Guilt is a prevailing theme
Guilt also is a common emotion among health care workers, said psychiatrist Tia Konzer, DO, of Charlotte, N.C. “The ones on the front line question whether they were able to do enough to save someone or if they could have done more. Those of us not on the front lines feel guilty that we’re not there with our colleagues, that we don’t face the same fears and are in the safety of our outpatient clinics.”
The focus on social distancing is creating its own strains, she said. “A lot of people are recognizing the power of human touch and how comforting that is,” she said. “The healers aren’t able to comfort the loved ones of the deceased, and we’re not able to comfort each other. And people are having a hard time not being able to hug their kids and their spouses, having to ward off their kids when they come home or avoid them until they’ve showered.”
How can mental health professionals be most helpful to health care workers in need? The simple act of listening is crucial, several such professionals said in interviews.
“Your main job is to bear witness to their experiences and to hear their story, then secondarily to make sure they have a basic self-care plan to recover from what they’re doing each day,” said psychologist Leah Welch, PhD, of the Scripps Health network in San Diego. “Don’t talk too much or try to give advice too quickly before you’ve listened to what the caregiver has shared. They’re accumulating small traumas and need time and space to sort them out, and that takes patience and a listening ear on the part of the provider. Rushing in too quickly with advice deprives them of making sense of their own experience.”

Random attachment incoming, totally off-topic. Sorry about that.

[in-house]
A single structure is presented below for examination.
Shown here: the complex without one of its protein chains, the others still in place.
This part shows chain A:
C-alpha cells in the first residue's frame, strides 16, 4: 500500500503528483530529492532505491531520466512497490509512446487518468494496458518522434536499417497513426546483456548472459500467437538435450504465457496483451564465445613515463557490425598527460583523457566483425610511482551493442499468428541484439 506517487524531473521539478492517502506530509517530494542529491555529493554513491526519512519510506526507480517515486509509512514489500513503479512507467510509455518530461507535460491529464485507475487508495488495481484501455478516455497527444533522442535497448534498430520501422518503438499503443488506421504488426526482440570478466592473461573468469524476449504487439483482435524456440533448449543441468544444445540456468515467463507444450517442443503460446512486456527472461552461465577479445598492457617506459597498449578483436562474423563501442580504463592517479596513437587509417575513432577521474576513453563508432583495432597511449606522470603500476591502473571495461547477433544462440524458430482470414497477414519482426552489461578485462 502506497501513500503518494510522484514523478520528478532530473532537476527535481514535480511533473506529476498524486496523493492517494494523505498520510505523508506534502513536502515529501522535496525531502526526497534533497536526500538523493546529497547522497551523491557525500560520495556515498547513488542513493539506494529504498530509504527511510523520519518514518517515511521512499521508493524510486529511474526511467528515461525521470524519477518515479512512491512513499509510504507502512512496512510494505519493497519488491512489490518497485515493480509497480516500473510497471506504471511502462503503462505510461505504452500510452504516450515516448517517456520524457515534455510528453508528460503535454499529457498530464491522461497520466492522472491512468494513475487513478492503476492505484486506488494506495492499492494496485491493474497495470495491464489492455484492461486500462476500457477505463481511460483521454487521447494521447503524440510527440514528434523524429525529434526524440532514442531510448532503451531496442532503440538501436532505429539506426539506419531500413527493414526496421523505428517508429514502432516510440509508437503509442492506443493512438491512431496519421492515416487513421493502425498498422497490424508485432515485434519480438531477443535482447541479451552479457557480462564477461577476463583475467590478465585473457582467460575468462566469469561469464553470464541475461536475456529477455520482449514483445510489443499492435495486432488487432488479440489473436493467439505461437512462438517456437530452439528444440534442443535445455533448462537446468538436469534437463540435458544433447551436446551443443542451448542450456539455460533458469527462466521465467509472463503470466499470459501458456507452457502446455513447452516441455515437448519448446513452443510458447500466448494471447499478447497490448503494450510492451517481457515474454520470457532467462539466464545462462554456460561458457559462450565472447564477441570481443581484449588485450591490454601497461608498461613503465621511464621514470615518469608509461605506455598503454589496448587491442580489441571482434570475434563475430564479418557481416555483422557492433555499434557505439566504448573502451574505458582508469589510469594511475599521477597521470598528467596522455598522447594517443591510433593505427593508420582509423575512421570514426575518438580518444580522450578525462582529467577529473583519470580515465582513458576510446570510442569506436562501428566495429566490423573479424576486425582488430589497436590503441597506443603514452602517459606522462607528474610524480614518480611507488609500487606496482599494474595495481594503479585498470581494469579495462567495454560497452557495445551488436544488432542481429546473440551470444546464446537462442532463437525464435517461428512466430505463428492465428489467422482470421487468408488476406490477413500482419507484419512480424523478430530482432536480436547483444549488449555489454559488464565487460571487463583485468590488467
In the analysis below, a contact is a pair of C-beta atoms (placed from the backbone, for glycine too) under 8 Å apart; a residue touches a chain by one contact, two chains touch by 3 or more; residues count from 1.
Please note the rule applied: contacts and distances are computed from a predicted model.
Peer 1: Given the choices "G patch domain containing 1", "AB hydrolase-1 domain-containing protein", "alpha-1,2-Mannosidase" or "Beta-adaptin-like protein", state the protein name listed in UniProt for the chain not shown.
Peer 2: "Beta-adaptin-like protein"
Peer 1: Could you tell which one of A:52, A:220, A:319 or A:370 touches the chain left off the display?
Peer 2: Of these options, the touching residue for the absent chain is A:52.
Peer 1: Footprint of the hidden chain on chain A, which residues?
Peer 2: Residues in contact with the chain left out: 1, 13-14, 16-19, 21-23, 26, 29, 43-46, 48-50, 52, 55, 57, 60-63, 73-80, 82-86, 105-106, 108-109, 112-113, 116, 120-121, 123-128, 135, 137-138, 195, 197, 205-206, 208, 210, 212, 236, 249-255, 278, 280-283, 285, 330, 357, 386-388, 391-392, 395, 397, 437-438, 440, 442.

She added that “they should also be thanked for what they’re doing, because it requires skill, empathy, and courage. They are being heroic, and they need to know they’re appreciated by those of us not on the front lines for what they’re putting themselves through.”
Partnerships are forming
At Zuckerberg San Francisco General Hospital and Trauma Center, psychiatry chief Lisa Fortuna, MD, MPH, MDiv, said her team has had success by working closely with the hospital’s chaplains. “A lot of the staff are not saying: ‘We’re stressing out; help us.’ The chaplains had starting rounding, asking how they’re doing, and they’d open up because there was already a relationship. The chaplains are very well trained in dealing with being support for people under situations of death, loss, and immediate stress.”
The chaplains themselves became overwhelmed, and the hospital responded by reaching out to bring in more chaplains. The psychiatry team, meanwhile, worked to partner with the chaplains to provide a continuum of support for staff. “We have an opportunity to build on the trust that they have,” said Dr. Fortuna, who is an ordained Episcopal minister. “They’re the perfect partners.”
What happens now? Dr. Fortuna has seen the long-term aftermath of a crisis. She previously worked in Massachusetts and helped to support health care workers in that state after the Boston Marathon bombing.
She cautioned that health care workers may first run on adrenaline in a crisis, spurred by “heroic high energy.” But then, the full extent of the tragedy begins to set in, and they start to process their feelings. “You have to keep people going through those phases,” she said.
Going forward, she said, “there will be a prolonged tail of stress,” especially if virus outbreaks recur. “We’ll have a long time enduring this.”